Comments about bias

June 5, 2016


I was once again interested in a title I saw in Clinical Chemistry – this one was: An unbiased view of bias. Ok, I get it – this is a humorous piece. But bias is an important topic and Clinical Chemistry is not a very friendly journal to statistical issues.

So here, I describe bias in method evaluations, based on my article that was recently published.

First, some comments about bias.

Bias when present does not guarantee that the results will be different than the case with no bias. The problem is you just don’t know. For example, if you preselect samples for a method comparison instead of randomly selecting samples, the differences observed may not be affected due to the preselection.

Bias is not necessarily an evil strategy concocted by a manufacturer – many biases are unavoidable.

In my paper, I cover several sources of bias – one will be mentioned here.

Reagent bias – In many regulatory evaluations, several (usually 3) lots of reagents are used to demonstrate that lot-to-lot reagent bias is small. An unbiased way of selecting the lots would be to randomly select lots from the population of lots used during the lifetime of the assay. Of course, this is impossible since future lots don’t exist. Hence, the selection of the lots is biased. There are several reasons that variation due to reagent lots is likely to be underestimated.

  1. The lots selected – usually the only ones that exist – are similar to each other and potentially different from future lots because future lots could have components from different lots, and those components could be qualified using different procedures.
  2. The procedure to qualify reagents may be different in the future.
  3. Usually during a regulatory method comparison using different reagent lots, the observed bias is centered by adjusting the instrument algorithm. For example, if the bias with 3 lots is 0, 1, and 2%, the instrument algorithm will be changed so that the bias reported is -1, 0, and 1%. (Note that this centering does not affect the spread of the reagents.)
  4. This centering is not used in future lots.
  5. The lots used in the evaluation are under more scrutiny than future lots, which is another case of bias. For example, the lots, besides being qualified through the manufacturing process, are also examined by a method comparison using patent samples compared to a reference assay. Future lots don’t have this scrutiny. They are usually qualified without a method comparison.

A possible remedy to try to better estimate the reagent bias would be to prepare a set of reagents according to factorial principles using components concentrations at the range of their manufacturing tolerances.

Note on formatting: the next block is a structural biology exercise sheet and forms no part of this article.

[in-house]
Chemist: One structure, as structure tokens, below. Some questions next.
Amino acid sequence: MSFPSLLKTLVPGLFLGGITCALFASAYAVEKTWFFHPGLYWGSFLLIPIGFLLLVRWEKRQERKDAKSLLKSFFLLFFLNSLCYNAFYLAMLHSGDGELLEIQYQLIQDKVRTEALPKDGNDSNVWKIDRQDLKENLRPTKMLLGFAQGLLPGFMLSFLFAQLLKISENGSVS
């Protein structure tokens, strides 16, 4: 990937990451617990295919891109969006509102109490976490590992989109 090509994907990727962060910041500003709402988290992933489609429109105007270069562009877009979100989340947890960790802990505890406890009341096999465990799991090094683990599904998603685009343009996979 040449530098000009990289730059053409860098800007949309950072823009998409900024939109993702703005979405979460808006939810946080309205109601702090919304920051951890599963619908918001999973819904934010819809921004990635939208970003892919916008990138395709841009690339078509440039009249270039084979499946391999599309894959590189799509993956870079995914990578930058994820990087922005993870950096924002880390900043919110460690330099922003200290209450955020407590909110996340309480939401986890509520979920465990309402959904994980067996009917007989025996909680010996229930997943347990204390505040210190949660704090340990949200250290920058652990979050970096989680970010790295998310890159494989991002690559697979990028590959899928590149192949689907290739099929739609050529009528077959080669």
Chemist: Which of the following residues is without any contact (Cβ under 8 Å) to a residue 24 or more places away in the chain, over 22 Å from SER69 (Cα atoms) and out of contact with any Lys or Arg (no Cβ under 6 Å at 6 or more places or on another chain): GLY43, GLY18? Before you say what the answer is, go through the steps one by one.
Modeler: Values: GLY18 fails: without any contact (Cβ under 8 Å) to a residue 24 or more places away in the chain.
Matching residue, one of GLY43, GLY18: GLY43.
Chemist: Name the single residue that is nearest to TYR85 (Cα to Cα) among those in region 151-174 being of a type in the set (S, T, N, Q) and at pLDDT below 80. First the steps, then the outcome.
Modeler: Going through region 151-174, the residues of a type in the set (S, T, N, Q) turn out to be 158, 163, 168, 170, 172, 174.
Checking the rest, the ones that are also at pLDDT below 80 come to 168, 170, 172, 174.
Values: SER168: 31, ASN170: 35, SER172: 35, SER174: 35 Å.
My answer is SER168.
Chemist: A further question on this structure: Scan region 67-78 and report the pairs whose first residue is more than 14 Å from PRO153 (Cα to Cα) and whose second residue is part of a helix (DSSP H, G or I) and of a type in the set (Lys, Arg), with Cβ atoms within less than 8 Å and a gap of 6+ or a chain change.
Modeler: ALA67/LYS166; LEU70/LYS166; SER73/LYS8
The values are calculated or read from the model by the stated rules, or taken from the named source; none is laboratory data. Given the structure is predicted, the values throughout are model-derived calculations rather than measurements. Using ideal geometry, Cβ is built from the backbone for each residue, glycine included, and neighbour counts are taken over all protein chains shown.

Biases in these studies other than reagent bias include: conflict of interest, protocol, patient selection, and user.

Unwarranted Conclusions

June 2, 2016


Looking at a paper about QC procedures (subscription required), I admit I was intrigued by the title: “Selecting Statistical Procedures for Quality Control Planning Based on Risk Management.”

Just reading the abstract and the first few lines informs me that the conclusions are unwarranted because the authors claim, they can estimate the probability of patient harm based on which QC procedure is chosen.

A QC procedure helps to detect problems with the assay process. Patient harm can be caused by an assay process gone astray but it can also be caused by things with an assay process that has not gone astray. For example, a patient interference can cause patient harm and will not be detected by QC. Moreover, the authors assume that an out of control condition will occur in a constant fashion until it is detected by the next QC sample, but a shift in results that occurs for a limited number of samples can occur and is eliminated from consideration. So even QC considerations don’t include all possible errors.

Ok, I admit that I have stopped reading but it is clear that whatever the authors estimate (assuming their logic is correct) is an underestimate of the probability of patient harm.

That also makes me wonder, of all cases of patient harm caused by wrong medical decisions caused by assay error, what percentage are due to the assay process gone bad vs. other causes (e.g., interferences). For example searching for the word “interference” in the title of Clinical Chemistry over the last 10 years yielded 912 results.